So try to supply your doctor with as much information as you can. Not to the point of overwhelming them, but make sure that you have your records in place. And that means a tabulated version of what treatments you've received, what tests you've done. Have all that available so that can be reviewed before you speak. And then you’re not focused on what's already occurred, and what tests you've done, and recounting past failures. But instead, “Here's what we did, what is our next step?”
So information, get your information in order about your history, summarize it and make it easy to follow. And that just might mean sending records to your doctor or what I've seen some very effective patients do is they literally write down a chronological history of exactly what they've done.
Jenica: Oh, that's smart, saves lots of time.
Dr. Foulk: You go through that and then I can find out within minutes where we have to go from there.
Jenica: Oh, that's awesome. Yeah, that'll save time and get you the answers that you're seeking.
Dr. Foulk: Yeah, instead of going into the doctor's office and then just recounting what you've done with your life, instead you can say, “What are we going to do tomorrow?” Not what we did yesterday.
Jenica: Oh, I love that, that's awesome. All right. What are your thoughts on moderate exercise in between egg retrieval and embryo transfers?
Dr. Foulk: I think it's fine. The concern, of course, is when people define moderate.
Dr. Foulk: Because I've seen long distance runners that just come in from a marathon and consider that a moderate jog.
Jenica: Not me, you won’t find me calling that a moderate jog. I’ll tell you that much.
Dr. Foulk: So I always used the rule of thumb that it's good to maximize blood flow to your ovaries. So always behave in that time frame, the way you would right after a big Thanksgiving meal.
Jenica: Okay. Oh, that's a good suggestion.
Dr. Foulk: And then you can walk around, but don't get to the point where you're shunting blood away from your reproductive system.
Jenica: Okay, I love that. I'm like, “Okay, I'm going to sit on the couch.” I’m just kidding.
Dr. Foulk: Exactly, be a couch potato.
Jenica: Oh, that's awesome. Okay, what is your opinion on transferring certain abnormal embryos? That's all we have. Somebody asked that.
Dr. Foulk: Is that the question?
Dr. Foulk: So it depends on how abnormal. There's some that are simply non-viable. So we would transfer that if someone wanted it, but they have to understand that you're almost wasting your time if they're not viable.
Dr. Foulk: But there are some that are what are called mosaics, and those may be viable. And so in those cases you just need to be counseled and understand what the risks are and what the potential benefit is.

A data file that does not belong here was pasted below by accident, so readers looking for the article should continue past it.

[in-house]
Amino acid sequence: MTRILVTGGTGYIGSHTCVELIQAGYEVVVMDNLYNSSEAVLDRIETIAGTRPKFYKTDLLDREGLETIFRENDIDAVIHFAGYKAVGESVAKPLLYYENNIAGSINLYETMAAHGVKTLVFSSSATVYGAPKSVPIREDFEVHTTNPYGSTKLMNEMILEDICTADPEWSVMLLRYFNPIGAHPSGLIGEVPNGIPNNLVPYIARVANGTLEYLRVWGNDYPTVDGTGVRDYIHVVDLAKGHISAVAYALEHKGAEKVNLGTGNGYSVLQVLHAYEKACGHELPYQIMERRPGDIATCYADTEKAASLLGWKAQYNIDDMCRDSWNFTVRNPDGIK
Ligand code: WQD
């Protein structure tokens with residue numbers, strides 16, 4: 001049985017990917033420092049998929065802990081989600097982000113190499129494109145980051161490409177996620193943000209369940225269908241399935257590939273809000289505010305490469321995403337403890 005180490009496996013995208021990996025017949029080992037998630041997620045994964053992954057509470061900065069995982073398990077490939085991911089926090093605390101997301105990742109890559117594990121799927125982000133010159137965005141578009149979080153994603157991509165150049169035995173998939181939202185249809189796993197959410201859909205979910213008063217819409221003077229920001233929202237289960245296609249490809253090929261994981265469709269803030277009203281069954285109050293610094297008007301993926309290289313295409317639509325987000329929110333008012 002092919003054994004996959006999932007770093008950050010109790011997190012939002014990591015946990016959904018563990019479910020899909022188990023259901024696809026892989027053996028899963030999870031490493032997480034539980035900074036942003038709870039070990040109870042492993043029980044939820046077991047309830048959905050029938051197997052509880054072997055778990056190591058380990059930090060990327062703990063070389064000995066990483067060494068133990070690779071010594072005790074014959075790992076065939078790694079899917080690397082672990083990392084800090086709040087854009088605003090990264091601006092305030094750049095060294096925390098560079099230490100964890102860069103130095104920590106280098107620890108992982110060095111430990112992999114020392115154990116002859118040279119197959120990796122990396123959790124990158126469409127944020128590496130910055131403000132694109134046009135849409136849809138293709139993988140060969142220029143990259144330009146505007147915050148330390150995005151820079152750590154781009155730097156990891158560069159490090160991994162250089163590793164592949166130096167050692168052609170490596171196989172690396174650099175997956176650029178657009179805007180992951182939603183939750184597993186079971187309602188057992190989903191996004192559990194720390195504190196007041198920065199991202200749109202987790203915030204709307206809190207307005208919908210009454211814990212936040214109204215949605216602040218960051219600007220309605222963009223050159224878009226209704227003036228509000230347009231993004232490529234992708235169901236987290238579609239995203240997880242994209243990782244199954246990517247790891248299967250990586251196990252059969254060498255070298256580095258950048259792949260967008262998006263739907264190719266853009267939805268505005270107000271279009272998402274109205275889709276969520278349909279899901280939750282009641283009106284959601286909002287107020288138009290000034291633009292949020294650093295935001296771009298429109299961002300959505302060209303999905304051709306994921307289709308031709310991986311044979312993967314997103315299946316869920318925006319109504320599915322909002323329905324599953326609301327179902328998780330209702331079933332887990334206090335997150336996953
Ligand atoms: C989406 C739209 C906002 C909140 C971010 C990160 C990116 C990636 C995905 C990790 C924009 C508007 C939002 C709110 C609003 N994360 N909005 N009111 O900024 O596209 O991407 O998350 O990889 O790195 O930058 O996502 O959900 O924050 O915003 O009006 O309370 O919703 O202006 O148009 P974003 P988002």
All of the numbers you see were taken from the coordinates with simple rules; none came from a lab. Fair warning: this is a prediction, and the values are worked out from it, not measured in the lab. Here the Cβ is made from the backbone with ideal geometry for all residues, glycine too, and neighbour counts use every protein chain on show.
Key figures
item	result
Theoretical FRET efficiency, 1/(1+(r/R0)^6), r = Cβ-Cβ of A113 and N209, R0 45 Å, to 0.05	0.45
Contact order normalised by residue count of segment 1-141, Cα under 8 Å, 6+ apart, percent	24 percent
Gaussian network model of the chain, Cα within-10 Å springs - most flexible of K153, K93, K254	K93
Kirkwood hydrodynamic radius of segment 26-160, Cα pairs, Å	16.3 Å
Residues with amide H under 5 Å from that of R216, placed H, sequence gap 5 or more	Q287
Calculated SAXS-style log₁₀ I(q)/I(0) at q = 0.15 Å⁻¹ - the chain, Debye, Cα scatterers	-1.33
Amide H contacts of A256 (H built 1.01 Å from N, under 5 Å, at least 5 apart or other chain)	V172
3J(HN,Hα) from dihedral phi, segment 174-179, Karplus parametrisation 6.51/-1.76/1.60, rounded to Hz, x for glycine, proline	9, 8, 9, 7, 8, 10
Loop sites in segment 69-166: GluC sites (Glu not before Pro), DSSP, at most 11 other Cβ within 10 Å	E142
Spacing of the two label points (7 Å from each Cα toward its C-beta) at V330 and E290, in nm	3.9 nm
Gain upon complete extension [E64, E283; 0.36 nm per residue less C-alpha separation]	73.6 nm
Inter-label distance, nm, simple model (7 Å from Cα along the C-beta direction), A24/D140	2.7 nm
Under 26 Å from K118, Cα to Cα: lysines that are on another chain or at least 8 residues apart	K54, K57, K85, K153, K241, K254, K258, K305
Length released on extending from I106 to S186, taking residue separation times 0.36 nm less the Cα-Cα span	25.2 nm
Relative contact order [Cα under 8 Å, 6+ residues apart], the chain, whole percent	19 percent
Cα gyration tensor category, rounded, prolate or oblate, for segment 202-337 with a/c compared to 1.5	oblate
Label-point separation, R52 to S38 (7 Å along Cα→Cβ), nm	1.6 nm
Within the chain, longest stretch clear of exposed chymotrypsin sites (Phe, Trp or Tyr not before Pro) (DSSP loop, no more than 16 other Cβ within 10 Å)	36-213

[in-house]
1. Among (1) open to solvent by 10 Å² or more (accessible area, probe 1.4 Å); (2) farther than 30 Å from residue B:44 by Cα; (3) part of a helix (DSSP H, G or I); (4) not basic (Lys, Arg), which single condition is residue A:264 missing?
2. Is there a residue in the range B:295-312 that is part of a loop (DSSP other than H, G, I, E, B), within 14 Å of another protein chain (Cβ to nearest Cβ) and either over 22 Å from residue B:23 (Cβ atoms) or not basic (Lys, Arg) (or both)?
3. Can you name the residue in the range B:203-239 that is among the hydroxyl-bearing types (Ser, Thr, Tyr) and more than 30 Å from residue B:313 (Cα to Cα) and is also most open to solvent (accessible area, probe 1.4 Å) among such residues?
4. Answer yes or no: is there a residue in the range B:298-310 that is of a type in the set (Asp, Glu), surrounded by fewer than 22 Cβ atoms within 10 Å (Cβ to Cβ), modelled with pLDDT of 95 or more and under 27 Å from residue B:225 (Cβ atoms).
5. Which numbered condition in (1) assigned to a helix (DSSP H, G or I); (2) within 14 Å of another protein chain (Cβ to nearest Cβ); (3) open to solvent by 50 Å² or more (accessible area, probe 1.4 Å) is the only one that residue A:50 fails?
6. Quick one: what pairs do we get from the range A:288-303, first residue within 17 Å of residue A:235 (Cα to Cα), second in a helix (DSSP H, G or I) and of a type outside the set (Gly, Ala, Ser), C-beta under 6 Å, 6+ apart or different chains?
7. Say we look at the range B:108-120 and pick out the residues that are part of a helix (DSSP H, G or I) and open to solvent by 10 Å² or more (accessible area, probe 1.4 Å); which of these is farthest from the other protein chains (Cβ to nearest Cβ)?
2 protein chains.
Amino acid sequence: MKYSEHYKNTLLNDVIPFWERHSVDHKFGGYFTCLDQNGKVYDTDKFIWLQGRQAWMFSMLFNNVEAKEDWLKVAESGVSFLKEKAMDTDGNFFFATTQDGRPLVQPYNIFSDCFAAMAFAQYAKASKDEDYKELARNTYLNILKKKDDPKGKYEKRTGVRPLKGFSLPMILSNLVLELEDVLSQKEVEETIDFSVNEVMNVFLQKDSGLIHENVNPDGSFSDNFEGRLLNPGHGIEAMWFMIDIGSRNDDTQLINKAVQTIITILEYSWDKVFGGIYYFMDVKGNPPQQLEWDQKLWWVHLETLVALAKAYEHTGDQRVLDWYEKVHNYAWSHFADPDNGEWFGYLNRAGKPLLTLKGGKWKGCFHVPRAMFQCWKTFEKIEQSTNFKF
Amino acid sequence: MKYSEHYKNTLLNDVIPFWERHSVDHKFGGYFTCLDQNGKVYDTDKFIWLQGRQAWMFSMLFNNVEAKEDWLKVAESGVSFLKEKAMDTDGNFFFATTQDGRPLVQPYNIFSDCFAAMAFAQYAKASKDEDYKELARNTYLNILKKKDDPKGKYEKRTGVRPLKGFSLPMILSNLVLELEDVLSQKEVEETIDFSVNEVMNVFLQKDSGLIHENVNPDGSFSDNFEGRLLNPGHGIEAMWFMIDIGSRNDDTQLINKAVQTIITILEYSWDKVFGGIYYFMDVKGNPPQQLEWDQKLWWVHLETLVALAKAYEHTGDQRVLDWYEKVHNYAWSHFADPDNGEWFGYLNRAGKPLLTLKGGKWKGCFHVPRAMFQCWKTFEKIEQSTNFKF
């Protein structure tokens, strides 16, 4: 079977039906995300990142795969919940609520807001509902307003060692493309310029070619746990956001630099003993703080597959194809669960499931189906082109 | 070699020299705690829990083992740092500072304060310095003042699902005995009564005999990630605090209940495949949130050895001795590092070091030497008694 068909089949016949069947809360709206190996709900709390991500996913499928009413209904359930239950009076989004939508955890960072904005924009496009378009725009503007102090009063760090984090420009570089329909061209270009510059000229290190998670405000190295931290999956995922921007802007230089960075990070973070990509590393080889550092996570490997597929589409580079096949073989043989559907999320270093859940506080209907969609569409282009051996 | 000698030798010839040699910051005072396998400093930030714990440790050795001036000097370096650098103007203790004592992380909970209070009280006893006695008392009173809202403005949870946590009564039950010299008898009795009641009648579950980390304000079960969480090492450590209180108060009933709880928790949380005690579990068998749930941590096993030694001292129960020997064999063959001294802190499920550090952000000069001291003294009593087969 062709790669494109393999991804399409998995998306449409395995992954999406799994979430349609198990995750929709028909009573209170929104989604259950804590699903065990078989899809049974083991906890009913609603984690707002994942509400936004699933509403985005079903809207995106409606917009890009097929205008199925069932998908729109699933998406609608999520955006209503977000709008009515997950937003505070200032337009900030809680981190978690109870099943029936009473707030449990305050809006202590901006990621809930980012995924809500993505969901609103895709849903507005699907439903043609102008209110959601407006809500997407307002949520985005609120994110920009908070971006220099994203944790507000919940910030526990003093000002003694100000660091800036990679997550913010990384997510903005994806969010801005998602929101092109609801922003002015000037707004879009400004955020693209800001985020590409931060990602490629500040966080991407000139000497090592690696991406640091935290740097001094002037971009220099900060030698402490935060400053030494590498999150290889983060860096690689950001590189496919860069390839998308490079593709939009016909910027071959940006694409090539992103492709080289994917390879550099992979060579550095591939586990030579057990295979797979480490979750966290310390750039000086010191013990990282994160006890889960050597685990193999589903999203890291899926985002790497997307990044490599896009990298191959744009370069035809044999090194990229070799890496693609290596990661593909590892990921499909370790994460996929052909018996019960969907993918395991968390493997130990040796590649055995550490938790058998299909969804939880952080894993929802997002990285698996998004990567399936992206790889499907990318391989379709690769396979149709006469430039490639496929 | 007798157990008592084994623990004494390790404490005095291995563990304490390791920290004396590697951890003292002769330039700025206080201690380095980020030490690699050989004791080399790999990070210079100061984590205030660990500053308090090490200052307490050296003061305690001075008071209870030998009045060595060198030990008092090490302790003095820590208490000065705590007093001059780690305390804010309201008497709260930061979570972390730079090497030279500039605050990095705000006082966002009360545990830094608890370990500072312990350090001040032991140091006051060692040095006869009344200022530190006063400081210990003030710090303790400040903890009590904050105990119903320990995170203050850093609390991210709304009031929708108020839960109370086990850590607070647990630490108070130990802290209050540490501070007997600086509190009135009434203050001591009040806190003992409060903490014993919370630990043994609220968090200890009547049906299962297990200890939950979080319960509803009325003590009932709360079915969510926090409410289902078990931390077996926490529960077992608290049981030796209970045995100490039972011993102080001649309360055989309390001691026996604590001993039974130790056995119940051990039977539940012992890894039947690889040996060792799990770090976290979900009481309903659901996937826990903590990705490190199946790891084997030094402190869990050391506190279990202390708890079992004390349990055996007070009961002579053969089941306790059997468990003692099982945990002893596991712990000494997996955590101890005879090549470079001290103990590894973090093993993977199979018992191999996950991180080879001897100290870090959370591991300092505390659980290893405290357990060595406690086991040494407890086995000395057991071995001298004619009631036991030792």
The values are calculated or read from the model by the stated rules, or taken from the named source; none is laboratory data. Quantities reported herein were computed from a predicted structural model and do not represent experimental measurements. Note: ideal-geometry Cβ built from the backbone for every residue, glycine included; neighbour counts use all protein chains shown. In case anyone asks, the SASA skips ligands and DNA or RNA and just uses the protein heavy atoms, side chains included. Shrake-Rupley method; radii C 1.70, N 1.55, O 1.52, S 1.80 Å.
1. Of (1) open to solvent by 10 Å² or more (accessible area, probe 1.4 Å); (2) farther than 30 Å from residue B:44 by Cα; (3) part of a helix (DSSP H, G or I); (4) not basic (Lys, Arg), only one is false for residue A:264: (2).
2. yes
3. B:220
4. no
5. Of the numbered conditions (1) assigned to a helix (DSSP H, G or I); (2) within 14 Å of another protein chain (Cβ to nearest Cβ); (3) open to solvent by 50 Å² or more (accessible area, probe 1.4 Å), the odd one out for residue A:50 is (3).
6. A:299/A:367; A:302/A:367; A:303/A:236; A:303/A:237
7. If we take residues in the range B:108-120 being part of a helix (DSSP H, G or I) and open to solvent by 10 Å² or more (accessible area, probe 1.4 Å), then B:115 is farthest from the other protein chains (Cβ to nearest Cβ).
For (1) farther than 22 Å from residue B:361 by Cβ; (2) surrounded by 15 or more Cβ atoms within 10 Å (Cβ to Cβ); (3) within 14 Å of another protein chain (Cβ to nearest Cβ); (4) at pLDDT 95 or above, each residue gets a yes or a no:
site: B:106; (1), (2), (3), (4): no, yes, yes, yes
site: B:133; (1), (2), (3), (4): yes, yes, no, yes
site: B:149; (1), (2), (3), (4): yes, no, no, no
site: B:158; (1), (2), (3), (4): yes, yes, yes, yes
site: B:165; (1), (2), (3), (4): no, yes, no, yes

Jenica: Okay. Okay, that's good to know.
So we have seven embryos, or we had seven embryos, which we got initially when we did the egg retrieval in 2015. And we didn't do genetic testing then. But we did, what was it, like two months ago? And two of them weren't the greatest, but five were genetically normal.
One of the two that weren't was a mosaic, I believe. So obviously, we'll choose the ones that have a higher chance of not resulting in a miscarriage or whatever. But that's good to know if that's your only option, just that there's still a chance that you can use them depending on what the abnormality is.
Dr. Foulk: Yeah, and some of the mosaics for example could have lethal conditions. And so, for example, if one of the mosaics is a trisomy 18, those can actually result in live births. And then those poor babies will all die within six months of life. So those are not the ones you want to experiment with. Whereas if someone had a trisomy 22 mosaic, then often we'll use those because if the good cells outnumber the bad cells, then you might have a healthy baby in that.
Dr. Foulk: And if the bad cells outnumber the good cells, then almost everyone will miscarry those.
Jenica: Okay, awesome. That's really good to know. “Do you have any suggestions on how to better prepare for egg retrieval day?” She says, “I'm so scared.”
Dr. Foulk: Oh, that's why, okay.
Dr. Foulk: I was going to say get a good night's sleep. I think for fear, always the best answer is education.
Dr. Foulk: Just learn that there's really nothing to fear. It's actually a relatively minor procedure. And the amount of trauma to your body is a needle poke, which you've already probably experienced through your shots you're given to stimulate the ovaries.
Dr. Foulk: And so it's really nothing to fear it, but you have to learn that. And so look on YouTube, talk to your friends, talk to the doctor, talk to the nurses and understand really what you're going to encounter. And you'll realize, “Oh, wow, this is actually a pleasant experience.” Most of our patients wake up and they actually like the medications that the anesthesia gives them so much they’re like, “Can you give me more of those? I want a little bit longer nap please.”
Jenica: You just kind of relax a little bit. You've had like some anxiety, it's like all the anxiety is gone. I felt like very relaxed. Oh my gosh.
Dr. Foulk: So true.